The industries that use
have considered themselves to have self-evident rights, but not
sufficient obligations to protect the marine
ecosystems. There is a lack of overall responsibility
internationally and nationally.

The fragmentation of marine environmental work is further complicated
of a lack of dialogue and coordination between different
stakeholders, researchers and authorities. Environmental work
is basically about changing and stimulating
human behaviour, which requires extensive
changes in prevailing attitudes.

The conclusion of the Marine Environment Commission is that
the environmental situation in our surrounding seas is a
result of the fact that short-term economic interests, in
combined with a lack of understanding of the
complex marine ecosystems, has been allowed to
control the management of the sea. The sea is in large
a victim of the curse of the commons.

The Commission’s analysis seems to have been binned. Or between the chairs? I can draw no other conclusion than that politicians and authorities have allowed the sea to be devastated with their eyes wide open. Or do they lack real influence? In that case, who has the real power over fisheries policy?

The Marine Environment Commission used the term “curse of the commons”, which is derived from the English “Tragedy of the commons“. It was coined in the 19th century to describe what happened when grazing animals were allowed to roam freely on commons. The theory is that no one takes responsibility for the care and management of the common property. Everyone just wants to grab as much as possible, which leads to the destruction of the resource. This could also apply to fish in the sea. Since no one and everyone owns it, you have to catch it first – or someone else will take it.

The notion that the “commons” tends to be neglected can be applied to everything from the atmosphere to fish stocks. But must the commons be overexploited? And are national quota systems for fisheries the only solution?

There are other ways of looking at ownership, people and nature. Elinor Ostrom, Nobel Prize winner in economics, has shown that people can work together to develop natural resources that are owned by all. Through her research, Ostrom is able to establish that decisions on how to manage fish stocks, for example, should be made as close to the users as possible. If the population of a given stretch of coastline is given collective responsibility for fish management, it develops rules that make management economically and ecologically sustainable. Involving people increases their willingness to care for the commons – for their own good and that of their descendants.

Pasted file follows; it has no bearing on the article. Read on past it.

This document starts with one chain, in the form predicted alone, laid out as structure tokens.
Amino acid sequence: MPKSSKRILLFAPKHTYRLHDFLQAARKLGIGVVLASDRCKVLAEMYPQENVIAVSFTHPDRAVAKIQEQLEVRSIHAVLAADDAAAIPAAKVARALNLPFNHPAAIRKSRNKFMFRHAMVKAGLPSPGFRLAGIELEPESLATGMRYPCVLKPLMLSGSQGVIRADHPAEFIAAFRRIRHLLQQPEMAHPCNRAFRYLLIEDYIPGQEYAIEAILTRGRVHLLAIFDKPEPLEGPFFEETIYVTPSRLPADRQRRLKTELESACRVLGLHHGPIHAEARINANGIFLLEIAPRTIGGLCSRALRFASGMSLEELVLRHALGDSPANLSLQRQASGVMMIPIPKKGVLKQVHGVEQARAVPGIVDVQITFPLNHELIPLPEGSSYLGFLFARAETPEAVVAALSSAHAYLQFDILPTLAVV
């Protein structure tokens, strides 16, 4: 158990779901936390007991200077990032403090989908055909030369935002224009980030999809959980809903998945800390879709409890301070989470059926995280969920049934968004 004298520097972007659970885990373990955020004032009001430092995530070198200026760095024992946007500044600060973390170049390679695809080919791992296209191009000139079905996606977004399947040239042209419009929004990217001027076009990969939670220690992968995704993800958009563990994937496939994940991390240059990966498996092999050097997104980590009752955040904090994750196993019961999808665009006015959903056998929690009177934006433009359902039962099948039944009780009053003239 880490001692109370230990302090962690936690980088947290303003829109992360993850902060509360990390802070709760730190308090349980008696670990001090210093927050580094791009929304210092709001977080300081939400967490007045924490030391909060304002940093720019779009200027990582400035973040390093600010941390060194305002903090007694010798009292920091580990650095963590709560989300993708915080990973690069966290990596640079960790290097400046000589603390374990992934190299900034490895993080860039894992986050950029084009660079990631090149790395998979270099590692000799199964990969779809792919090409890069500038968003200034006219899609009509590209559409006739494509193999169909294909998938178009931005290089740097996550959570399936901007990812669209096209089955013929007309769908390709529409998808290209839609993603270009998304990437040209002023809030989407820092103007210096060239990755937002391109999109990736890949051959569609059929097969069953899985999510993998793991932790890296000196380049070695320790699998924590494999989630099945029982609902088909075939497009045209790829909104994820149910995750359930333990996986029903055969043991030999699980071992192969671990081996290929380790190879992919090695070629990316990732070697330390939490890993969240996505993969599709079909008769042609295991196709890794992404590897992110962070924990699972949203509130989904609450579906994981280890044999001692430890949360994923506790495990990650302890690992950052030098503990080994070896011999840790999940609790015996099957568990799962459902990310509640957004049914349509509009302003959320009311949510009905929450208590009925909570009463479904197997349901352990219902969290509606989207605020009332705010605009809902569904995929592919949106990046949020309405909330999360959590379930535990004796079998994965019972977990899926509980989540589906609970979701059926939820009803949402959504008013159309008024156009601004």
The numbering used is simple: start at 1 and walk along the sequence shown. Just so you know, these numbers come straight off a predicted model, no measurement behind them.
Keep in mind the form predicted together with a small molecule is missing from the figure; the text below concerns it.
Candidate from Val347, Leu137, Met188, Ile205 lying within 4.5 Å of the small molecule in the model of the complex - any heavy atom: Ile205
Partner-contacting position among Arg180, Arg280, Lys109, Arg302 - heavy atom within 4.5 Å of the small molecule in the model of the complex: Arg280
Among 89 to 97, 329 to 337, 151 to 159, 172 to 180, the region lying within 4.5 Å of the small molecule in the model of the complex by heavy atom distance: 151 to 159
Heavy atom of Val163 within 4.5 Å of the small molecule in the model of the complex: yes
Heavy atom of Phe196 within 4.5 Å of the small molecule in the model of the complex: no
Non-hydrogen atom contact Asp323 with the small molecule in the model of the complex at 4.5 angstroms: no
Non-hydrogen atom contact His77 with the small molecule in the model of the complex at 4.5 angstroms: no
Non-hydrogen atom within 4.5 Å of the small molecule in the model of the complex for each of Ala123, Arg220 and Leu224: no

I think that if Nobel Laureate Ostrom’s research results were applied to the Baltic Sea, the sea would be divided into smaller sectors. Local coastal fishermen, supported by scientists and authorities, would be responsible for the management of the marine areas they know so well. Local management has proved very successful in large Swedish lakes, such as Hjälmaren and Mälaren. There, pike are abundant, fished sustainably and provide good income for fishermen. This thinking is at odds with EU and Swedish maritime governance. It determines
quotas in Brussels and the majority go to large-scale industrial fishermen from the West Coast. They fish far from their home ports and have no connection to the Baltic coast. Local fishermen claim that “their” fish are almost exterminated by giant Gothenburg trawlers, which is done according to current laws and regulations. While inshore fishing is dying out, high-tech industrial trawling is highly profitable.

The issue of industrial trawls is today the major point of conflict in Swedish fisheries. Communities along the entire east and south coast are calling for restrictions on large-scale fishing. The protests are about preserving traditional culture and local jobs. Who owns the fish? is becoming a hot political issue. In Sweden, Europe and the world.

As a child, I had an idol. The professional fisherman Karl from Stora Hammar, who laid nets from his small boat with a spark plug engine. He taught me how to find the best fishing spots. But also to always carefully release small fish and not to take more than the family could eat.

Sources:
Convention on the Law of the Sea here,
The Marine Environment Commission here
Debate on the trawl limit here

Text: Peter Löfgren
Photo: Torbjörn Lilja/N/TT, Berit Roald/NTB Scanpix/TT, Johan Strindberg/Bildhuset/TT, Simon Stanford
Title image: Justem Johnsson/TT